So Kirk is Captain now, and decides to go guns-a-blazing back at Nero with a bit of new technology and a few ideas given to him by future Spock. The problem here is, well, we've had no rising action as far as the external conflict. All that's happened as far as the external conflict is they flew out, got attacked by Nero, lost their captain and a planet, then spaced the fuck out of there. Now they're going to space the fuck back but to Earth, because that is presumably the next target (but why, I really don't know). No, really, why is this the next target? What's Nero's issue with Earth? I thought he just hated Spock and wanted him to experience what he did? Didn't he get that? Isn't his revenge over? And how does Kirk and the rest of the Enterprise know that Nero would want to take care of Earth, next? Why? WHY? So there was no rising action. Kirk and Spock didn't eventually come to an agreement, didn't find a compromise, go on a hunt to learn something useful to go back at Nero. Instead, there's this strange lull in the rising action. It starts a great build, and then suddenly we sag back downward with Kirk coincidentally/accidentally running into Spock Prime and then learning everything and then going back to finish things. There was no struggle here, no external conflict development. Only background development, fanservice, and then just given all the things he needed to take on Nero. Given them. It really is cheating, as Kirk says, only because of this cheat we are cheated out of any rising action as far as the external conflict. So now, on our way back to see Nero, we're not really left with that feeling, "Here it is. It's finally come. They finally will have the last showdown." It's more like, "Here it is. It's finally come. Why did I have to sit through the rest of that shit?"
It is important that I focus on the lack of a rising action. A good rising action example would be in season four of Dexter. Throughout the season Dexter is getting to know this other serial killer, Trinity. At first he admires him, wishes to learn from him, but then discovers that he's not as good at what he does as Dexter thought. They slowly grow apart, but not before Dexter shows his true face. Then Trinity moves in on Dexter, finds out his real name and where he works. Finally, they both know they're after each other, they both know who the other is, what's going on. When they finally meet, when Dexter finally captures him, the moment is so anticipated, so longly awaited, the entire audience orgasms. Sex is not a bad metaphor, actually. You tease the audience, make them think they're going to get what they want, but then they don't. You build them closer and closer to this culminating moment, they know it will come, but that doesn't change the feeling they get when it finally does. We don't get any of that in Star Trek. We just get fluffy sugar that quickly dissolves in our mouth before we really get to taste it or sink our teeth into it. There's no build, we just walk into the bathroom and jack off into the toilet. Okay, metaphor over.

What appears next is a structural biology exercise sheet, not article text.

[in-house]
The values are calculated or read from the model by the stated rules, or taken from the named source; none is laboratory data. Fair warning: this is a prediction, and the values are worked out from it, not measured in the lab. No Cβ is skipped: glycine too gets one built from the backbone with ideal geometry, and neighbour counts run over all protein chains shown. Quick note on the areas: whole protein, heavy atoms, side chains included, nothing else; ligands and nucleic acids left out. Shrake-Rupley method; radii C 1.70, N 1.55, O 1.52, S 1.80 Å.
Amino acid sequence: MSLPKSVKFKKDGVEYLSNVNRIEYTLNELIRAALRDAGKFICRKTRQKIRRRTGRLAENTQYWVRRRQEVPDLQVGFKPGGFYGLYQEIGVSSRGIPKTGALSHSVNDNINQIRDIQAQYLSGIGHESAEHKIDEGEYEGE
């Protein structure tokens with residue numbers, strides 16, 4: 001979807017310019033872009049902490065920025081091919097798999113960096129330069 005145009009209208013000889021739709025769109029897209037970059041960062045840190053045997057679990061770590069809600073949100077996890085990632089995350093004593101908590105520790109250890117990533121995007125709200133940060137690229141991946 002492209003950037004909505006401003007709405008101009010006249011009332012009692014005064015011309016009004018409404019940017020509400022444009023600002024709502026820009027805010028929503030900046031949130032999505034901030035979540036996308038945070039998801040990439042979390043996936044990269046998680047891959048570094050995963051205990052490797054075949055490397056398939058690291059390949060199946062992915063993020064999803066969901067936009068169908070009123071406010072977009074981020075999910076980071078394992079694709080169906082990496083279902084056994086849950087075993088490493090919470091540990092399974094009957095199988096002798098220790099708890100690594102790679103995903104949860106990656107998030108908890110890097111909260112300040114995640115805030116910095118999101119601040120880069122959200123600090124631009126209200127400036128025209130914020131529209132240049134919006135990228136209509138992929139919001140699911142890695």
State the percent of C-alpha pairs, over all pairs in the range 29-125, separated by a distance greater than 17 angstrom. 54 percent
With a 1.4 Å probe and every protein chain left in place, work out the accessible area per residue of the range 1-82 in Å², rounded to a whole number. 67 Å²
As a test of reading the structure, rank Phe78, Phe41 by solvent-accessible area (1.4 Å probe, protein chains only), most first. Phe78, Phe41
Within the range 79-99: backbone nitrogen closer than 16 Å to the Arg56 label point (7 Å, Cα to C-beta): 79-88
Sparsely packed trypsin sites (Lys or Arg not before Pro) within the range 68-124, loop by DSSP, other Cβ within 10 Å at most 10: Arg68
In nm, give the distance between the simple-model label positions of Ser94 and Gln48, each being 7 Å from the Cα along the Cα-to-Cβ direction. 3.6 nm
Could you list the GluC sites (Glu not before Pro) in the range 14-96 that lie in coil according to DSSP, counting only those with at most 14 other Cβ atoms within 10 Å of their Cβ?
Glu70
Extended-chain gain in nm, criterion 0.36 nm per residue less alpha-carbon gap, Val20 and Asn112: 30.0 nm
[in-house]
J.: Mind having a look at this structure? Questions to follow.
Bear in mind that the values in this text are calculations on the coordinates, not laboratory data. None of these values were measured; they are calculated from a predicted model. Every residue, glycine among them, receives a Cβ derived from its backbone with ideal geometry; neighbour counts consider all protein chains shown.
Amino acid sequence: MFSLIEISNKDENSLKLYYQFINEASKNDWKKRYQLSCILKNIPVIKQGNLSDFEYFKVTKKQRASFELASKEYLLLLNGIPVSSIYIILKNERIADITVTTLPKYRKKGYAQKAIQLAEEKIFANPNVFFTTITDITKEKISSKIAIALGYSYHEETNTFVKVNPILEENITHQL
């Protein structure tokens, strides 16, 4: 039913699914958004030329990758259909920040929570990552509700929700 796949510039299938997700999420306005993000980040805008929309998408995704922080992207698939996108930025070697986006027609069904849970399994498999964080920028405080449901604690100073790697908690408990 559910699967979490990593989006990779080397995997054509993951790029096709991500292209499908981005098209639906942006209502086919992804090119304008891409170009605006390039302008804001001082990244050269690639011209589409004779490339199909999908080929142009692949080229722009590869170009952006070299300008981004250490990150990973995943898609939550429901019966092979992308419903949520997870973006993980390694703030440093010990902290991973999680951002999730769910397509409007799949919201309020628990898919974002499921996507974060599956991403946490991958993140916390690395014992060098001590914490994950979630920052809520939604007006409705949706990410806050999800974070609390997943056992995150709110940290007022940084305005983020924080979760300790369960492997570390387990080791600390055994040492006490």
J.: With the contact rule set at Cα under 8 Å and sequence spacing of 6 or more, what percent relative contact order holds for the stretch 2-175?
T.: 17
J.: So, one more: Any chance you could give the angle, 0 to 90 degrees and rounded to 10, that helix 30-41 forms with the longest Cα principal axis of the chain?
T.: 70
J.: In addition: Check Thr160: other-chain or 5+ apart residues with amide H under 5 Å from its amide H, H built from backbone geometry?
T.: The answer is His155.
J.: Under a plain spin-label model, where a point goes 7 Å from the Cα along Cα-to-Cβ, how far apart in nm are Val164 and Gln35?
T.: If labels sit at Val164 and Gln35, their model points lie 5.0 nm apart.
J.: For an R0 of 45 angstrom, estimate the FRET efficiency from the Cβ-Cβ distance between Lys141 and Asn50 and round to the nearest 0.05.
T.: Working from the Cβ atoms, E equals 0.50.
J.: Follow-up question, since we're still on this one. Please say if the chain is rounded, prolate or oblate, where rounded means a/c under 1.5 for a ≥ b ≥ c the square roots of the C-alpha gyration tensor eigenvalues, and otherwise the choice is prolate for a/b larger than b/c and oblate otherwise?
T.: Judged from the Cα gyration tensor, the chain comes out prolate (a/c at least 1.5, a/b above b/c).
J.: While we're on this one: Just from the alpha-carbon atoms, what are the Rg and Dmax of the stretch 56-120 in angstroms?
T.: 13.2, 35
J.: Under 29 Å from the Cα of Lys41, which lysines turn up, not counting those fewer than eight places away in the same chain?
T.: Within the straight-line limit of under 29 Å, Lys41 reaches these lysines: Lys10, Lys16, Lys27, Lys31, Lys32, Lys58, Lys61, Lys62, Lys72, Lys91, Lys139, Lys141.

So now Spock and Kirk beam themselves with the new technology right into Nero's ship. Here we at least have the opportunity for a climactic internal conflict resolution with Spock, or a not as good one with Kirk since there's been no real build for his. Either way, we have the perfect opportunity. As they move in, all badass like, they find their way to this ship which Spock will pilot in order to destroy the drill, their shields, and then follow through to destroy the ship. Meanwhile, Kirk very boringly is going to go off and see if he can find old captain. For some reason, old captain is still alive, which is kind of stupid since Nero clearly has gotten what he wanted at this point, and we saw how he reacted when he got whatever information he could out of that captain twenty five years ago. Sigh another sigh of stupid inconsistency. Wouldn't it have been cooler if Kirk really wanted to go after Nero on purpose? Or maybe Spock? One of them being driven by revenge for what this man has done to them? Or even if they simply stopped him here they wouldn't need to destroy the entire ship, etc., but then had to face his inner fury? This would be especially great for Spock, since he would have to fight his logic vs. emotion, and perhaps there could be a reason to keep Nero alive, or if not, perhaps his emotions would get the better of him and he would do something foolish in trying to kill Nero rather than take the time to make logical deductions, and Kirk would have to stop him, help him, or in some way keep Spock from dying/letting his emotions get the better of him. Thus cementing their friendship, as well as complete the development of Spock and his internal struggle. It's like they had set up themselves perfectly for this beautiful arc. Instead of dealing with any controls on the ship that may have gotten rid of the shield or turned of the drill while Spock faced off with Nero, coming in late to help him, etc., Spock flies away to deal with the important stuff but in a removed fashion from all the tension that we've built. And he does it so easily we don't really see the "likelihood of death" that we heard about. Meanwhile, Kirk just stumbles upon Nero and then tries to hold him up for some reason, and then some nobody jumps out and starts beating him up. Then Nero jumps down and starts choking Kirk. He even says a line about killing him "just like your father" even though I'm not sure why he even knows this, let alone the fact that it's NOTHING LIKE HOW HE KILLED HIS FATHER ANYWAYS instead of there being an awesome showdown, even, that we've set up, Nero just gets up and runs over to BAAAAWWWW when he notices Spock has destroyed shit in this ship. Meanwhile, Kirk struggles with some nobody who calls his race weak and then Kirk says a stupid one-liner, "I got your gun" and shoots him and catches himself on the ledge. Maybe if I hadn't seen him getting up from a ledge somewhere around three of four times by now, I may have been a little tense. Like I said, the action shot itself in the foot ages ago. Still, there was plenty of opportunity for culminating scenes with all of the internal conflict. Instead, we abandoned that...for reasons I still am completely uncertain of.